The public protests against the gentrification of the Kreuzberg neighborhood in Berlin have become so intense that the collaborative space planned by the Guggenheim and the car company BMW, which was originally slated to open in the district, has been forced to relocate. The BMW Guggenheim Lab addresses themes of urbanism, art, architecture, and urban planning; residents of the neighborhood protested the space and decried what the continued gentrification of the area, reports Der Standard. However, it was not the protests that convinced the Guggenheim to vacate, according to Monopol. A spokesperson for the museum stated, “We are for a lively culture of debate, but we cannot take the risk of violent attacks threatened by a small minority.” Careful not to point to specifics or actual threats, museum spokespeople have cited anticipated damages as enough of a reason to move. The new BMW Guggenheim Lab will now open in the Prenzlauer Berg district on June 15.
Kaspar König, departing director of Cologne’s Museum Ludwig, the Städelsche Kunstschule in Frankfurt, and board of Documenta, sat down with Die Zeit to discuss his retirement plans, his love of Claes Oldenburg, and his aspiration to be “sand in the machinery.” “[The museum] is an ‘added-time machine,’ ” he said. “It explores questions that have preoccupied several generations. [. . .] Surprisingly, there are people who believe that the museum is theirs—mostly people of a generation who showed little commitment to it themselves, but whose parents and grandparents showed a lot of commitment after the war in Germany.” Added König, “Man Ray once said: ‘There is no progress in art any more than there is progress in making love. There are simply different ways of doing it.’ It’s about concentration, a point of truth, or the question of it. Music, literature, and the visual arts allow us to handle contradictions: not as distraction, but in essence.” He also offered this advice for young curators, “I’d recommend you look at what’s not being done, and what can be prevented.”
Bruno Giacometti, architect and art patron, has died at the age of 105 in Zollikon, Switzerland, reports Der Standard. Giacometti is the son of the painter Giovanni and his wife Annetta, and is the brother of sculptor Alberto and furniture designer Diego. He was born in 1907 in Stampa, and later attended Eidgenössische Technische Hochschule Zürich to study architecture. He was widely recognized for his design of the Swiss pavilion at the Venice Biennale, but was also known as a generous art patron who maintained a close relationship with Kunsthaus Zürich and who was deeply committed to securing the legacy of his family’s productive output in the Alberto-Giacometti-Foundation. A man of many accomplishments, Giacometti was also a modest fellow. Der Standard notes that he designed buildings according to the axiom, “One builds for human beings; architects must submit to the needs of the buildings’ users.”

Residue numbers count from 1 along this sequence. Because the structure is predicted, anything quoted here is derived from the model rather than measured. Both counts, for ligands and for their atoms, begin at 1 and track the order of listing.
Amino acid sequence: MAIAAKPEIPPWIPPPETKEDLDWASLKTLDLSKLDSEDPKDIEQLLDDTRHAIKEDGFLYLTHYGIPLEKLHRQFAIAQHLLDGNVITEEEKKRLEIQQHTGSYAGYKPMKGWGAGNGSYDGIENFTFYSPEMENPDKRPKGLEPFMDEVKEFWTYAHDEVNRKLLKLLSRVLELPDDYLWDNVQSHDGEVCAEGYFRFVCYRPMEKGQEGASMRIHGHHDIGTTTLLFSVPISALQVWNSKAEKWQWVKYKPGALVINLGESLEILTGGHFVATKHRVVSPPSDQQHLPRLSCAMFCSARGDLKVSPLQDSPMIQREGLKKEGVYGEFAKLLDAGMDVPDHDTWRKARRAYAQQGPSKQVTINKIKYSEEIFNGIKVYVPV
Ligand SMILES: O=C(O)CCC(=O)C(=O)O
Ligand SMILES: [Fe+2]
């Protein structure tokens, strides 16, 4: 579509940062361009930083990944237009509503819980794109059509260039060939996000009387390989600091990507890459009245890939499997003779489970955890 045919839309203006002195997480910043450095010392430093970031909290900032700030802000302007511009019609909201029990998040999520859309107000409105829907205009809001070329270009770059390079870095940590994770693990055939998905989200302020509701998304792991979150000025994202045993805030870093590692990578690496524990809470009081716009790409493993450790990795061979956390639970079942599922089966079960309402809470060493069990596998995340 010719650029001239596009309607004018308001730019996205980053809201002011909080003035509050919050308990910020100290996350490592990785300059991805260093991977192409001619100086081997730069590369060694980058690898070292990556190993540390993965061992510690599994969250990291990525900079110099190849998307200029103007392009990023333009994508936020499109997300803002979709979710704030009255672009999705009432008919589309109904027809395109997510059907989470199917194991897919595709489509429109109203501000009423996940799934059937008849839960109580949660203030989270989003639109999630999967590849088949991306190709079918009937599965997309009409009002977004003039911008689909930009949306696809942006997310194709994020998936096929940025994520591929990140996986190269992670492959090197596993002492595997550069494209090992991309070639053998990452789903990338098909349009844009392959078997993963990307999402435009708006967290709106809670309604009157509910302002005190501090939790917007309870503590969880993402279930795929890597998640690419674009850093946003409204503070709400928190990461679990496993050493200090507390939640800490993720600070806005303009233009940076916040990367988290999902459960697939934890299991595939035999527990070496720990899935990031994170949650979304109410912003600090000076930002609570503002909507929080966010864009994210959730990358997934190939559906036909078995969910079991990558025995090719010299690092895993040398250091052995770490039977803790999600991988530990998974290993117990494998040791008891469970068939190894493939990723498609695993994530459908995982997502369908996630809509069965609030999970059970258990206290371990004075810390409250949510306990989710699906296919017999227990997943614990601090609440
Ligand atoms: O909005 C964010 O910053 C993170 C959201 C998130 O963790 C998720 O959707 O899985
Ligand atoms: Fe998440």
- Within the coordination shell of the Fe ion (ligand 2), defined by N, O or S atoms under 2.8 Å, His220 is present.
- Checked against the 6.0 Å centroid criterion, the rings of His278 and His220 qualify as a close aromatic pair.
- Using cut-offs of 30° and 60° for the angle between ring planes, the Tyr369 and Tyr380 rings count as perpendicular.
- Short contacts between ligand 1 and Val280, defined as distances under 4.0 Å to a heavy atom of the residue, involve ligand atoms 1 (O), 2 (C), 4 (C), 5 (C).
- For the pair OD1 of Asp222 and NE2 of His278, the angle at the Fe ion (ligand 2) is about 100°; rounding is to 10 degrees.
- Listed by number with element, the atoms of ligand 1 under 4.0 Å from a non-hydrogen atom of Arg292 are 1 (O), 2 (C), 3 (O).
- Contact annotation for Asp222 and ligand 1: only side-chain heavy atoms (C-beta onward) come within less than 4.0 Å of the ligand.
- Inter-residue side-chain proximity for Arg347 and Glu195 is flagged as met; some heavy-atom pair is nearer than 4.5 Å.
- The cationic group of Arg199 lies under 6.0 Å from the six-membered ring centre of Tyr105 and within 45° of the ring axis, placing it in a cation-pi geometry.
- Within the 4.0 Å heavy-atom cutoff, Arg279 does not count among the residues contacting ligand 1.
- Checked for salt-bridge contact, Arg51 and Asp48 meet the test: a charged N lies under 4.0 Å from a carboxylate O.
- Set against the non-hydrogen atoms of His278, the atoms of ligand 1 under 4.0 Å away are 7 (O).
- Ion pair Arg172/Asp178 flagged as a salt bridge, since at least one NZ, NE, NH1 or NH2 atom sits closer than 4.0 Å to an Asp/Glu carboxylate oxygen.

In a battle over editorial control, Monopol has decided that it will go ahead and publish the latest issue of the magazine with blank spaces where illustrations of Damien Hirst works were supposed to go. The paper had decided to offer several different takes on the large retrospective at the Tate Modern in London and asked the artist to provide illustrations. Yet Hirst’s studio, which owns exclusive rights to the images of his work, would reportedly provide files only on the condition that Monopol submit the complete articles in advance of publication. The magazine refused, and so the studio refrained from sharing images. Holger Liebs, editor-in-chief at Monopol, stated: “We decided to keep the design of the pages as is—including the unchanged texts by our authors. We did not hide the gaps, but left them visible. That the firm of an artist wants to control our editorial process before giving permission to reproduce images: That crosses a line.”